Skip to comments.WV Anglicans join AAC
Posted on 08/23/2005 5:15:16 PM PDT by sionnsar
After almost two years of "going it on our own," West Virginia Anglicans has officially affiliated with the American Anglican Council! We are now officially part of the largest and fastest growing orthodox Anglican advocacy group in the Episcopal Church. We are honored and proud to be working alongside the brave folks in the AAC!
Click on "Continued . . . " below to read the full press release.
TRADITIONAL WV EPISCOPALIANS AFFILIATE WITH AMERICAN ANGLICAN COUNCIL
ATLANTA, GA Earlier this month, the American Anglican Council (AAC), an Atlanta-based national advocacy group for Episcopalians who continue to believe that the Bible should be the authoritative foundation for Christian theology, recognized West Virginia Anglicans as an official Diocesan Chapter of the AAC. The AAC boards unanimous decision was announced on August 9. Linda Newton, the AACs Affiliates Administrator, said, The AAC is pleased to be working with West Virginia Anglicans to build a faithful Anglican witness in the Mountain State. Our organization is growing at a record pace with new Chapters also being approved in Oregon and Southeastern Wisconsin last week along with West Virginia. We now have 31 chapters around the country.
Founded in October 2003, West Virginia Anglicans formed to help the Episcopal Diocese of West Virginia remain unified with the worldwide Anglican Communion in the wake of national church decisions made at the August 2003 national convention. The Anglican Communion is a network of 38 interdependent self-governing churches (or provinces) that trace their historical roots to the Church of England. With over 77-million members in more than 160 countries, Anglicanism is the worlds third largest Christian denomination. The 2-million-member Episcopal Church is the United States branch of the Anglican Communion.
In August 2003, the Episcopal Church made several decisions that are in conflict with the teachings of the Anglican Communion as well as 2000 years of traditional Christian teachings. Most significantly, the 2003 convention consented to the election of an openly practicing homosexual to become the Bishop of New Hampshire. In addition, the Convention also passed a resolution declaring that the blessing and celebration of same sex unions was within the bounds of our common life. The churchs bishops also rejected a resolution affirming traditional Anglican doctrines including the authority of Scripture as the basis of church teachings.
According to Eddie Swain of Moorefield, WV, The Episcopal Diocese of West Virginia, at its last two annual conventions held in 2004 and 2005, has clearly moved toward acceptance of the national churchs theological innovations. Swain serves as the AACs liaison in West Virginia. In 2004, a resolution affirming the authority of Scripture was not supported, and the Diocese refused to take a firm position one way or the other about endorsing or rejecting the new teachings of the national church.
The 2005 Convention re-worded a resolution that would have called for the Diocese to commit itself to remaining in the Anglican Communion regardless of what the national Episcopal Church does in terms of abandoning Scripture, explained Dr. Matt Vester of Morgantown, WV. In addition, Vester continued, the resolution asked West Virginia to comply with the Anglican Communions Windsor Report, which calls on the U.S. Episcopal Church to repent and apologize for advancing non-Biblical teachings. As part of this compliance, the resolution asked West Virginia to re-affirm traditional Anglican teachings on human sexuality and the authority of Scripture. Instead, a hostile amendment, gutting all the substantial points from the resolution was passed by an overwhelming voice vote estimated at 150-20.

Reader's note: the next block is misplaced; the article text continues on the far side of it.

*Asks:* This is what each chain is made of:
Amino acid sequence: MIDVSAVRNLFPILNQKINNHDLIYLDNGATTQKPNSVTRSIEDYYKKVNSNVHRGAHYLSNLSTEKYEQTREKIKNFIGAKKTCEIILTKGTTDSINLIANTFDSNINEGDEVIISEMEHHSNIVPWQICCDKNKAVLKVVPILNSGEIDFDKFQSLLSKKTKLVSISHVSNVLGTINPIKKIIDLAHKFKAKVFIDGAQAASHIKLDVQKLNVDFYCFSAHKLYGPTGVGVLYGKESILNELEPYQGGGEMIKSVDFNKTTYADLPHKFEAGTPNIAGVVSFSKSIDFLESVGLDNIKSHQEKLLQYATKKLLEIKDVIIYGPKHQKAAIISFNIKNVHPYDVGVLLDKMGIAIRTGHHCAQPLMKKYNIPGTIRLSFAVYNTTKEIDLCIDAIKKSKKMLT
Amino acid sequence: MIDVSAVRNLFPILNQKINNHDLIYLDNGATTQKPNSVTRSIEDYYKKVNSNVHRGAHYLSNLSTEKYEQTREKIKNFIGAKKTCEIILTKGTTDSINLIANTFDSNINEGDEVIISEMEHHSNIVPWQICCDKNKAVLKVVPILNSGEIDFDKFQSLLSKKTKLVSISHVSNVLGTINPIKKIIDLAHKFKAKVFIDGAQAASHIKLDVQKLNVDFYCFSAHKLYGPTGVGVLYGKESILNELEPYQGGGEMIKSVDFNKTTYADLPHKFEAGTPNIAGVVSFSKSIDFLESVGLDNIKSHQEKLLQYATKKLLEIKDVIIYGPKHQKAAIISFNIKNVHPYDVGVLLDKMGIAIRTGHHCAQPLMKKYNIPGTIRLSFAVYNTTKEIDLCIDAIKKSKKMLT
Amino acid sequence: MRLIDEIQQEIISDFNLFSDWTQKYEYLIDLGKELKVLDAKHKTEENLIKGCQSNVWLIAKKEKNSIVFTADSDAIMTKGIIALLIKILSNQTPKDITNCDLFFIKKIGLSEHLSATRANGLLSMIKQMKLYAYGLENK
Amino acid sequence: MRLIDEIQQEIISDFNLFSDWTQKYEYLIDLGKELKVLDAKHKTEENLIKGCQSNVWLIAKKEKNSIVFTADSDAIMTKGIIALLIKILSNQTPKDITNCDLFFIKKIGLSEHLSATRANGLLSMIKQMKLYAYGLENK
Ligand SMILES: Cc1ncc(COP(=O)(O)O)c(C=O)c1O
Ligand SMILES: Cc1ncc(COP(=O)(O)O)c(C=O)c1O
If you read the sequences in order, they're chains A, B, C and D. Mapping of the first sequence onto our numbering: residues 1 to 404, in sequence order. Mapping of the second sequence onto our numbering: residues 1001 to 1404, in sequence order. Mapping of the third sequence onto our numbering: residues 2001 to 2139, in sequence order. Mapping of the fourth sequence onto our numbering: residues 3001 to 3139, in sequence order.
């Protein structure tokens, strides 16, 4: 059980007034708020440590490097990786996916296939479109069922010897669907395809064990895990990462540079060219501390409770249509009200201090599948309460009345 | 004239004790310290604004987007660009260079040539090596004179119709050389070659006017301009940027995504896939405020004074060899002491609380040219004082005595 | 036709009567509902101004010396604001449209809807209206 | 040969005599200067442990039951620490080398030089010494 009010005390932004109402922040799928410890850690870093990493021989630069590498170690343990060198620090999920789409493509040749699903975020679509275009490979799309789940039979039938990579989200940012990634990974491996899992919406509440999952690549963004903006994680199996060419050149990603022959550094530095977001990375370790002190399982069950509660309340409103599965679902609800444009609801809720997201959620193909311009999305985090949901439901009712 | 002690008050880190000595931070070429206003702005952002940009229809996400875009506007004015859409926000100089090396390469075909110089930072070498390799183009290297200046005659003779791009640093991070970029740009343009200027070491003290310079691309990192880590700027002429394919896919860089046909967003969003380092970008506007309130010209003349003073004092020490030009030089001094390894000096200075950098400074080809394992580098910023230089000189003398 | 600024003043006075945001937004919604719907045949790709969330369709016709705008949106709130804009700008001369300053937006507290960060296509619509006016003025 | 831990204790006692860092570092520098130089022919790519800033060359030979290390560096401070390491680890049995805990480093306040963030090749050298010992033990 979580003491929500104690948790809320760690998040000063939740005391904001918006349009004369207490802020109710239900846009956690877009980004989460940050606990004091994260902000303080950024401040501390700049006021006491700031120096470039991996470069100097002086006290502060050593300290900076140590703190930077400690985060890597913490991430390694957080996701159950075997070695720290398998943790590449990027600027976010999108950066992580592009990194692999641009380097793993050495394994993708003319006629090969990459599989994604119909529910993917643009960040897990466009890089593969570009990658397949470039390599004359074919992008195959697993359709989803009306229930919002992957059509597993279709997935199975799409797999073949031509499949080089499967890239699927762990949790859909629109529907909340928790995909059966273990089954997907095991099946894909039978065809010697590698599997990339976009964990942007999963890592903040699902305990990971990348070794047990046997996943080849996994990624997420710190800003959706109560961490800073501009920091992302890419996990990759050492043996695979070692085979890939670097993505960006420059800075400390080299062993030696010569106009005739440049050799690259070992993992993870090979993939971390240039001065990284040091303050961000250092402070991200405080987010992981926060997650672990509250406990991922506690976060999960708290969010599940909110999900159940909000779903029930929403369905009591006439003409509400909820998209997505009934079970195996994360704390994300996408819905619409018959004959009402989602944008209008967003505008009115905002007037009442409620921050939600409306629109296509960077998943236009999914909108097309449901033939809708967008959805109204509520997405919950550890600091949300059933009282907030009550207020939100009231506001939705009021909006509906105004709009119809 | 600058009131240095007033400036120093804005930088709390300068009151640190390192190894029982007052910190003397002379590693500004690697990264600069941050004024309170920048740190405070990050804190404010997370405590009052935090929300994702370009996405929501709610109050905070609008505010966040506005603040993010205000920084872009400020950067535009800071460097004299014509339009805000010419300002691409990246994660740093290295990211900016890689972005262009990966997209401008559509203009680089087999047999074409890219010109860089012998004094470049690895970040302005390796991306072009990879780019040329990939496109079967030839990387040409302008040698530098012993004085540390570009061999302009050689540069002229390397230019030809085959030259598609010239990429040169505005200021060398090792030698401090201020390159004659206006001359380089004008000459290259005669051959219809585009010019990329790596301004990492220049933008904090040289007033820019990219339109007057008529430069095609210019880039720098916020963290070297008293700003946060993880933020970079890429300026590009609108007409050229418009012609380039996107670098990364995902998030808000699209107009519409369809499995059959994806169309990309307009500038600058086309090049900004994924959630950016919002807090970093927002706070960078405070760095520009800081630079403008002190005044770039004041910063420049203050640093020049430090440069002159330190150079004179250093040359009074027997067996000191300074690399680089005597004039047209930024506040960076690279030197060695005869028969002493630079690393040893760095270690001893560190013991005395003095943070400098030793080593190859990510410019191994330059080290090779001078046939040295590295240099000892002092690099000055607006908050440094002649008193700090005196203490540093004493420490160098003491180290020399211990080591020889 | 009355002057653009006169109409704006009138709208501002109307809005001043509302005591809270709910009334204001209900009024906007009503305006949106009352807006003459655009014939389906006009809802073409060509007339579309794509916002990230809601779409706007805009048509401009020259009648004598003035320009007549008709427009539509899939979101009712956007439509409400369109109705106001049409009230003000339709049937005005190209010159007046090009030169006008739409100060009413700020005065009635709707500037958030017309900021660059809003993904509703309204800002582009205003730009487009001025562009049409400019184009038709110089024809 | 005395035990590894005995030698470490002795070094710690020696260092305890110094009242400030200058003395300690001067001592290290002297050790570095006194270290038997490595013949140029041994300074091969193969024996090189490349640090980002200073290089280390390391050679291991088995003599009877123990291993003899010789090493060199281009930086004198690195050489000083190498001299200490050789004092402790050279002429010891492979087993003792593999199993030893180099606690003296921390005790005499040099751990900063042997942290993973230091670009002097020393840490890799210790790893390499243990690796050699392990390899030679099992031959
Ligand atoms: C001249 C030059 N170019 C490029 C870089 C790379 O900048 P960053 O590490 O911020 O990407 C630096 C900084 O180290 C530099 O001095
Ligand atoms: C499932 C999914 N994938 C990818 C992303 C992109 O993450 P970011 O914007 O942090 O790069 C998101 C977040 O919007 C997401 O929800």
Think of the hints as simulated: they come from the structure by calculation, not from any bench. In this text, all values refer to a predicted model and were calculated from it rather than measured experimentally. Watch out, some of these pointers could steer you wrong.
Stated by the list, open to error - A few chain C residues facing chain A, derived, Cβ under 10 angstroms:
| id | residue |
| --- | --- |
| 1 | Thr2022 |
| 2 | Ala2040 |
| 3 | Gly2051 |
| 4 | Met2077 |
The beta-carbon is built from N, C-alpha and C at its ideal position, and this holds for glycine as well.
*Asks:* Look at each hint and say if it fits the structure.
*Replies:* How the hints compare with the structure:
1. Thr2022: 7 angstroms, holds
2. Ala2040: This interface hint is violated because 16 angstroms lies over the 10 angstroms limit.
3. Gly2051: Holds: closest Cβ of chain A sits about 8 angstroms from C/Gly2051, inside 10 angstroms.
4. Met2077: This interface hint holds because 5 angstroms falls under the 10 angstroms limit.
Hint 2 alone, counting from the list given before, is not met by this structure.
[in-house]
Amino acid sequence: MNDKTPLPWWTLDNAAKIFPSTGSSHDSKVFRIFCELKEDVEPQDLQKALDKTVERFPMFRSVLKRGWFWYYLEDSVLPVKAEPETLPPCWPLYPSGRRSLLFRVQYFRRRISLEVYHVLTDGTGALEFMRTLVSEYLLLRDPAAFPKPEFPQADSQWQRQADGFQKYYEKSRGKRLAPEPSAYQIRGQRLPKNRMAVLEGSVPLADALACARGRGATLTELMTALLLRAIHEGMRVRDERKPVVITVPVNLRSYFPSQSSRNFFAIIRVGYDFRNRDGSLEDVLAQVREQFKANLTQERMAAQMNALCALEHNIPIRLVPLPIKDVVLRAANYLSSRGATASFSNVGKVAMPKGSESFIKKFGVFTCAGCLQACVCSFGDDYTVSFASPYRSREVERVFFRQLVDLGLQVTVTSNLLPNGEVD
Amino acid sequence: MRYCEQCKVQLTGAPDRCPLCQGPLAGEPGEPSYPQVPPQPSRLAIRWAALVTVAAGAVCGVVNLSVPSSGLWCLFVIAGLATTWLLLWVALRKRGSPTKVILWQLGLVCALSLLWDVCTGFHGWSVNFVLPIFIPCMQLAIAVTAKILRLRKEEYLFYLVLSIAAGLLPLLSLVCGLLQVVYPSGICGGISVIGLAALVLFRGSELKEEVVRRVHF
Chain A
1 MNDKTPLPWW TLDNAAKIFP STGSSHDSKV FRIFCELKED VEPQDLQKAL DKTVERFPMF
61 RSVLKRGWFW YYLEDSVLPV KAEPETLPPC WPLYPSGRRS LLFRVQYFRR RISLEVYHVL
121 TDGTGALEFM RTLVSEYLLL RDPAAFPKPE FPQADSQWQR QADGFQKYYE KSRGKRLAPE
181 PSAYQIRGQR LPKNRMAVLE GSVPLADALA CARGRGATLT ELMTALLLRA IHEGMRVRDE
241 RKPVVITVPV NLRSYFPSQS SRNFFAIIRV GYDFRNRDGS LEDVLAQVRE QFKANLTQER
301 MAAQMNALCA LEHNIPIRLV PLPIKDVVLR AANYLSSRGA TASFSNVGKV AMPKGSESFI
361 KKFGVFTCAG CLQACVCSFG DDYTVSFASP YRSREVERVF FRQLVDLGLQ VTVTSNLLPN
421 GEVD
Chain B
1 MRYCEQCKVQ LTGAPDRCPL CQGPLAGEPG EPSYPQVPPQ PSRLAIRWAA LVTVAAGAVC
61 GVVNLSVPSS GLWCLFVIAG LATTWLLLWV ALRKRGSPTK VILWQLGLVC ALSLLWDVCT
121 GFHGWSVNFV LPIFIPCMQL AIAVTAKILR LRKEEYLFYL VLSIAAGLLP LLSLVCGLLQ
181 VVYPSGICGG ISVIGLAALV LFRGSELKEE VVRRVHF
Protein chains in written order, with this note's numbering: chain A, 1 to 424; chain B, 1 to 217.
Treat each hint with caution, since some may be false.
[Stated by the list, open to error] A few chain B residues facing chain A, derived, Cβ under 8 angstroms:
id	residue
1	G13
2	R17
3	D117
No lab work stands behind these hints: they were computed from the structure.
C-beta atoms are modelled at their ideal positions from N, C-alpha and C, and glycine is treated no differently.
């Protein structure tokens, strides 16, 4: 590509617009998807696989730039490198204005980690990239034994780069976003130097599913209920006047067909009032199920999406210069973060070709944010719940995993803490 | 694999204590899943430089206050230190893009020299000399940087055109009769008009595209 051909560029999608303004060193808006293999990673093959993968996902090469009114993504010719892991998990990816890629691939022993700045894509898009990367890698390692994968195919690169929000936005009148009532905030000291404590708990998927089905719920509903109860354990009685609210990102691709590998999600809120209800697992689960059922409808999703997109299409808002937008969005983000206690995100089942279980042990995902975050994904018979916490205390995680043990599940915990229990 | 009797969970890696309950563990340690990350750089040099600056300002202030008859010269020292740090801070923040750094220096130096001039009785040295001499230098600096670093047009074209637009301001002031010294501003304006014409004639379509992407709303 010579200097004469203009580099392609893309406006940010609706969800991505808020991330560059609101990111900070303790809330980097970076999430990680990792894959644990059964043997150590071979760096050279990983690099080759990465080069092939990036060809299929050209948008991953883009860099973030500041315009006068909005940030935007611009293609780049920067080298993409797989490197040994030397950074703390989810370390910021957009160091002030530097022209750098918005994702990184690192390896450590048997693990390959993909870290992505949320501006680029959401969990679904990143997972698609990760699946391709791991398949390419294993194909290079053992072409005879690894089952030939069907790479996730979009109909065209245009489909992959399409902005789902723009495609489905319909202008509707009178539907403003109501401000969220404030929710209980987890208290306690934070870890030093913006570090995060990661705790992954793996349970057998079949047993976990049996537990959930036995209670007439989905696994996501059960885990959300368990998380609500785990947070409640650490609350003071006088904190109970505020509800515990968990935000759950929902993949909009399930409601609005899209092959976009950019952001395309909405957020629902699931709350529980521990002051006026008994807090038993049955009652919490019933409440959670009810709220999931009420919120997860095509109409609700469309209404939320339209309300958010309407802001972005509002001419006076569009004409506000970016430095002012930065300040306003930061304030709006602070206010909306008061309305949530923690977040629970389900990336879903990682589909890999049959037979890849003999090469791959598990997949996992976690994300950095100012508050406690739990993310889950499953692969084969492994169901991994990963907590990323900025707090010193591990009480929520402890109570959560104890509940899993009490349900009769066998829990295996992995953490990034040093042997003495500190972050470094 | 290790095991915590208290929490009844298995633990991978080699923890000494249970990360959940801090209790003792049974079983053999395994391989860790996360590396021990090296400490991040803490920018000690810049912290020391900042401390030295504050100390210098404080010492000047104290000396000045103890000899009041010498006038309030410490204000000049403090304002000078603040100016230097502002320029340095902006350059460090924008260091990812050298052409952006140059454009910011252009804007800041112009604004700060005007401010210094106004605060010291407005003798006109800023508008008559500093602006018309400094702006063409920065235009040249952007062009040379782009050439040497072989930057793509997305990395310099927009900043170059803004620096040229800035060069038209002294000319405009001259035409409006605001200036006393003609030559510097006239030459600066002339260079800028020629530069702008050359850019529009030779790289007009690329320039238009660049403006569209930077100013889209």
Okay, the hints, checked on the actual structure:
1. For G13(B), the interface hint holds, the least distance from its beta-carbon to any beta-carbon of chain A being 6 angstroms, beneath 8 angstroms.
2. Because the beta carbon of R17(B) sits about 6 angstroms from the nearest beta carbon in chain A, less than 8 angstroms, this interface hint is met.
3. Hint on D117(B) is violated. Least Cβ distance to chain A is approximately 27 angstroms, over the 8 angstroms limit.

Based on these events, West Virginia Anglicans held special meetings in May and July to re-structure their organization to better respond to the changing position of the Diocese. Part of this re-structuring included making a request for affiliation to the national American Anglican Council. Swain explained, The AAC has provided great support for us. They have connected us with like-minded Episcopalians all over the country. The AAC Chapter in Mississippi assisted us with launching a website, and a chapter in South Carolina sent someone to train our leadership in grassroots organizing. On September 17, the national office will be sending several speakers to a conference in Charleston that will be open to our entire membership. Now that our affiliation is official, we hope more people will understand our mission and purpose.
Individuals interested in attending the September 17 conference should contact Eddie or Laurie Swain at (304) 538-7656 or leave a message for Matt Vester at (304) 292-7364 for more information. West Virginia Anglicans is a grassroots, lay-led organization of traditionally minded Episcopalians in the Diocese of West Virginia that is committed to preserving and promoting orthodox Anglican Christianity in the Mountain State. The groups website can be found at: http://www.mountains.standfirminfaith.com. E-mail inquiries can be sent to firstname.lastname@example.org.
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